‘We have to embrace it,’ says Richfield’s Brittany Anderson
Teaching, like most occupations in 2020, has been different. Very different.
Schools were shut down last spring, were re-opened in the fall with a hybrid instructional model, and then shut down again in November as all teaching went online.
For Brittany Anderson, a kindergarten teacher at Sheridan Hills Elementary School in Richfield, the challenges have been immense, but she has faced them head-on. Anderson has been teaching online since the shutdown last March, finishing out the 2019-20 school year virtually and starting the current academic year as the designated online kindergarten teacher at Sheridan Hills.
“I like it,” Anderson said about teaching online. “It’s different, and as a teacher I feel we have to embrace it, and that’s how we become better teachers – by adapting to change. That’s what we do in our profession. We adapt and change.”
The hybrid model meant students spent much of their time learning online at home, but would also go into their specific schools at least once per-week. Meanwhile, families could also opt for an online-only learning model, with a pool of teachers designated to instruct those students.
When Anderson was offered that role at for kindergarten at Sheridan Hills, she was glad to accept.
To make the hybrid model work, Sheridan Hills designated Anderson as the school’s full-time online kindergarten instructor, while the other kindergarten teachers worked directly with students in the classroom.
“It is a challenge, a unique challenge,” Anderson said. “In March, (online learning) looked very different from what it looks like this fall. In March, we really got thrown into it and this fall we had time to plan and prepare. In March, we had the relationships with the students and families already, but this fall, it has been different because we are building relationships digitally.”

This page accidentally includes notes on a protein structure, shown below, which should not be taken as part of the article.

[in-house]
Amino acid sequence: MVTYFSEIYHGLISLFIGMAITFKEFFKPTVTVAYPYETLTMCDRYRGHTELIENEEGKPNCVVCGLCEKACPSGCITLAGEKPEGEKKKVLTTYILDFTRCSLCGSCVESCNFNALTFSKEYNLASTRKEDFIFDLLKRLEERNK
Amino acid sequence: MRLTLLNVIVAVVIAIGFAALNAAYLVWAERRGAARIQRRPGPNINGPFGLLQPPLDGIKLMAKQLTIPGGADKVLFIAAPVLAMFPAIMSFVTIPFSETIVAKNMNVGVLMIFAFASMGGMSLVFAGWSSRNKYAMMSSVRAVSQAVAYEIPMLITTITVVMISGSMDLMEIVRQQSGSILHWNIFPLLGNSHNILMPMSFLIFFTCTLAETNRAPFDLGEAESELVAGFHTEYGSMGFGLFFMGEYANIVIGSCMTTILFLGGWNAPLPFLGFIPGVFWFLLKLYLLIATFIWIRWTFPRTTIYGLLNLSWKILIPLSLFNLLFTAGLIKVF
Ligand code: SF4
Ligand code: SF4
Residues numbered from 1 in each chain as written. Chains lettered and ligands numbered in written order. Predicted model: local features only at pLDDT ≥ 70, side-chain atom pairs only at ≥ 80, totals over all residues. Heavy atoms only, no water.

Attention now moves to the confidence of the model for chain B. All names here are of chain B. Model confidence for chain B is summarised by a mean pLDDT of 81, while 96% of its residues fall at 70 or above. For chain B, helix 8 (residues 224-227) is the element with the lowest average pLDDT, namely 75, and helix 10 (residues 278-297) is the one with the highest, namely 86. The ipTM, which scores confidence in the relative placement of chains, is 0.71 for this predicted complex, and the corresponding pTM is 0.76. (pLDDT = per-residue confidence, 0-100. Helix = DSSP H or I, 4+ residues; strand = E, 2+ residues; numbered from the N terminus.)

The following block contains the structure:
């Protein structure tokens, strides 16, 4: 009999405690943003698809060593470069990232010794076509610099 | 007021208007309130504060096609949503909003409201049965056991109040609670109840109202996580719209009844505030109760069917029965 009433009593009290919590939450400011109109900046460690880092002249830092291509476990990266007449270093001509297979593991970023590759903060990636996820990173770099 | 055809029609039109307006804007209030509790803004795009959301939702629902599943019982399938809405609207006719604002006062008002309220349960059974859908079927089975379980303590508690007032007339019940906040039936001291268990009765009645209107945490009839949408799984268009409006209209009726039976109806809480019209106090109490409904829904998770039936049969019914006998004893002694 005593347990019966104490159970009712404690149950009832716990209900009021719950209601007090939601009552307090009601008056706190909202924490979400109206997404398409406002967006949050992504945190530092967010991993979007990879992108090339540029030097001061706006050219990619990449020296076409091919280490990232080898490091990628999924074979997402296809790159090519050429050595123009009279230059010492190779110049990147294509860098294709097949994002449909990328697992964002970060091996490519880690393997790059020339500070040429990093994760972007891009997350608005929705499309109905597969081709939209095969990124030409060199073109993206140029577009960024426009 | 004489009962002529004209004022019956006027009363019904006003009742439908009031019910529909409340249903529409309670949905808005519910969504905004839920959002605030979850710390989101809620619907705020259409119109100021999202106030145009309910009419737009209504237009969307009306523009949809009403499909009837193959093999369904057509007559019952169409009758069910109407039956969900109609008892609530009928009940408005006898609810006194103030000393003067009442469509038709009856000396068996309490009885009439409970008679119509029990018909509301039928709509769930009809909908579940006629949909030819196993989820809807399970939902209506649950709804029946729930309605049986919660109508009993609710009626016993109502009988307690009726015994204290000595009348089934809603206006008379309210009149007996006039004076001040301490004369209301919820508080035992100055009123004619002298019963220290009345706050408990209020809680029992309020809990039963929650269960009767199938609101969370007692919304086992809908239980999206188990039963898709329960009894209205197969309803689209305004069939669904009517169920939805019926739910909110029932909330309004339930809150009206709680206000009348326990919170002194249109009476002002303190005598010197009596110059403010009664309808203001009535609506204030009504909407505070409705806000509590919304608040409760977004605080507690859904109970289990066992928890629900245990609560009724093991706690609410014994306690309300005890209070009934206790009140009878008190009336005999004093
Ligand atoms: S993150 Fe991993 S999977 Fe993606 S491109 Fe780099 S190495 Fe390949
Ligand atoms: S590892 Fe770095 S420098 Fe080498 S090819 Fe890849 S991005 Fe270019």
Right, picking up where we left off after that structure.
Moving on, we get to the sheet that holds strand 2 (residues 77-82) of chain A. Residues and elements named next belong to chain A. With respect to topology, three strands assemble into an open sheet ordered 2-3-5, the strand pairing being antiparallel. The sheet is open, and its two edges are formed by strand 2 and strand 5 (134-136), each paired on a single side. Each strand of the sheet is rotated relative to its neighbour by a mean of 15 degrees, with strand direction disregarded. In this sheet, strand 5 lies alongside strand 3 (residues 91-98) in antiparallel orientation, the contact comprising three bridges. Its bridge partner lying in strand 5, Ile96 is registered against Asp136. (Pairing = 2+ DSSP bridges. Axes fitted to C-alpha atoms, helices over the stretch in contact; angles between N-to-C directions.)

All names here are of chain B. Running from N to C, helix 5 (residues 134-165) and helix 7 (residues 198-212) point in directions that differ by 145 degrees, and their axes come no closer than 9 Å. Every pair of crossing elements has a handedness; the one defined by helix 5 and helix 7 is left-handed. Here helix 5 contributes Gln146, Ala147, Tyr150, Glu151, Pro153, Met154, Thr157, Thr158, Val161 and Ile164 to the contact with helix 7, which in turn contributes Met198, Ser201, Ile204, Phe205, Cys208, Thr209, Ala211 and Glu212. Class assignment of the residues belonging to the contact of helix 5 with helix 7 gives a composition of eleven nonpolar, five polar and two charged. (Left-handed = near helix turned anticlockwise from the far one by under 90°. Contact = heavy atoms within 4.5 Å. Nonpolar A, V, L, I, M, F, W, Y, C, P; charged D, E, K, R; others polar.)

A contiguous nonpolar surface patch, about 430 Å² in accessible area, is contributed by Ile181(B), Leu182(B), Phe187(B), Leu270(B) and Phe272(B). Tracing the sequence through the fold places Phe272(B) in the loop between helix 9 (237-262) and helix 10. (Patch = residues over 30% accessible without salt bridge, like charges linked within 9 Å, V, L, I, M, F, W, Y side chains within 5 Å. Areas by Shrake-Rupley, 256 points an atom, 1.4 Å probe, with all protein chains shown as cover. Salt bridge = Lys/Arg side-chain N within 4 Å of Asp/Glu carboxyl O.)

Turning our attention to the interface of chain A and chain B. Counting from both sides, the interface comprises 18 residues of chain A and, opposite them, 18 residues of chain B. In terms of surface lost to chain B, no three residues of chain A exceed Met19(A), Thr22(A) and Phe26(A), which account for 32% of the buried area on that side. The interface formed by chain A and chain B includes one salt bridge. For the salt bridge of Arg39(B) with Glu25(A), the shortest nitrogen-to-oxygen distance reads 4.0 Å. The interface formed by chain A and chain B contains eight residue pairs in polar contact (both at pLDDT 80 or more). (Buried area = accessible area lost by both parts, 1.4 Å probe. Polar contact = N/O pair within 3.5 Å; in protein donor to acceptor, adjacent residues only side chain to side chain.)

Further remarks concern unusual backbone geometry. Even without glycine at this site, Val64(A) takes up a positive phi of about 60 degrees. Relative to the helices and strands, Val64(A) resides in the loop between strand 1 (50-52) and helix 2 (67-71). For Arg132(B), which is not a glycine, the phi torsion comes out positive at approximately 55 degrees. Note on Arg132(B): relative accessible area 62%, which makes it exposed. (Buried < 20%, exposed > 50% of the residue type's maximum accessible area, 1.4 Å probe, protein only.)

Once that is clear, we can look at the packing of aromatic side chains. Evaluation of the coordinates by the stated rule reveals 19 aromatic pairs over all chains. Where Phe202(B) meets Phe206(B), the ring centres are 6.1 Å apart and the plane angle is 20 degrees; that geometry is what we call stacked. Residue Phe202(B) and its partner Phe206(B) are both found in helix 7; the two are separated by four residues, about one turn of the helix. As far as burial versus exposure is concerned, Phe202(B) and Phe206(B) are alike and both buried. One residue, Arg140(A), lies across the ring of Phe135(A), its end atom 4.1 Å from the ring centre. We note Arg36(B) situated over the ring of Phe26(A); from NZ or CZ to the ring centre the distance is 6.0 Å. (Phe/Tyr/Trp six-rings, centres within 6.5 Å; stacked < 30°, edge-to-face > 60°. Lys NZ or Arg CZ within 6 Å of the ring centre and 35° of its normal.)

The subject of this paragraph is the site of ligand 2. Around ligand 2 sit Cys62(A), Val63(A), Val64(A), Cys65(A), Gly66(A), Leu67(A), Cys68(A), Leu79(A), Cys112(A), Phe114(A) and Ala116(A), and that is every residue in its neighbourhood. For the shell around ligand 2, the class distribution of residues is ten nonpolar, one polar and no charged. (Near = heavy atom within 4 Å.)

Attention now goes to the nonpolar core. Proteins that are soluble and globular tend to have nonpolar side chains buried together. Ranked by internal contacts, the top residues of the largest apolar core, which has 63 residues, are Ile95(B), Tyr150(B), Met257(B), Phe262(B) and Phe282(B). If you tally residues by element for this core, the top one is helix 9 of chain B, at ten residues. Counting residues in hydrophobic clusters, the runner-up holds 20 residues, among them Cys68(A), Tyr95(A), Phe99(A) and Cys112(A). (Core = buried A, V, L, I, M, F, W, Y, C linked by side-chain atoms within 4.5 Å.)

Anderson said that although there are no more hugs, she has still managed to get acquainted with her students, as much of the teacher-student relationship building is the same, just taking place in a different venue.
One silver lining to come out of online learning, especially for younger students, she said, is the chance to establish a relationship with the child’s mother, father or even grandparents who may be watching over the process.
“I’m kind of feeling like I’m getting to know the families better, which is so crazy,” Anderson said.
“It’s better because I’ll see the dog in the background and I get to talk about the dog’s name. So now I can say good morning to the student and the mom or dad and the dog. It’s another level of connectedness,” She said.
Being a kindergarten teacher, Anderson said, requires a unique partnership with families, including efforts to ensure nothing gets lost in translation.
“We are in a partnership with the family,” she explained. “We’re making sure they get logged in at the right time, and that they come back after we separate for independent reading time. In the older grades, the kids are more independent and might not have that close level of connectedness with the family.”
Anderson continued, “The relationships, I think, are amazing this year. I feel my relationships with the families are stronger than ever because I see them all the time, I see them in the background and I say hello when I see them. I know the dog’s name, the siblings’ names. It truly takes a village and we’re showing it takes a village.”
Anderson has been teaching for 10 years, six in Richfield, and has yet to see anything quite like the past year in education. Teaching the younger grades attracted Anderson because, she said, “it’s different. Teaching them the community-building, the character-building and how to be a friend and how to be a teammate is what I like. I take that very seriously.”
She has taken what she’s learned over the past 10 years in education and adapted those experiences to online instruction. The groups she works with are still small, and with the use of more technology, Anderson feels the online teachers have found ways to help kids excel.
“The kids are troopers. Most of the time they are engaged, they are where they are supposed to be,” Anderson said. “The kids are learning at the same pace they would be in the classroom, if not learning more because we have small group time.”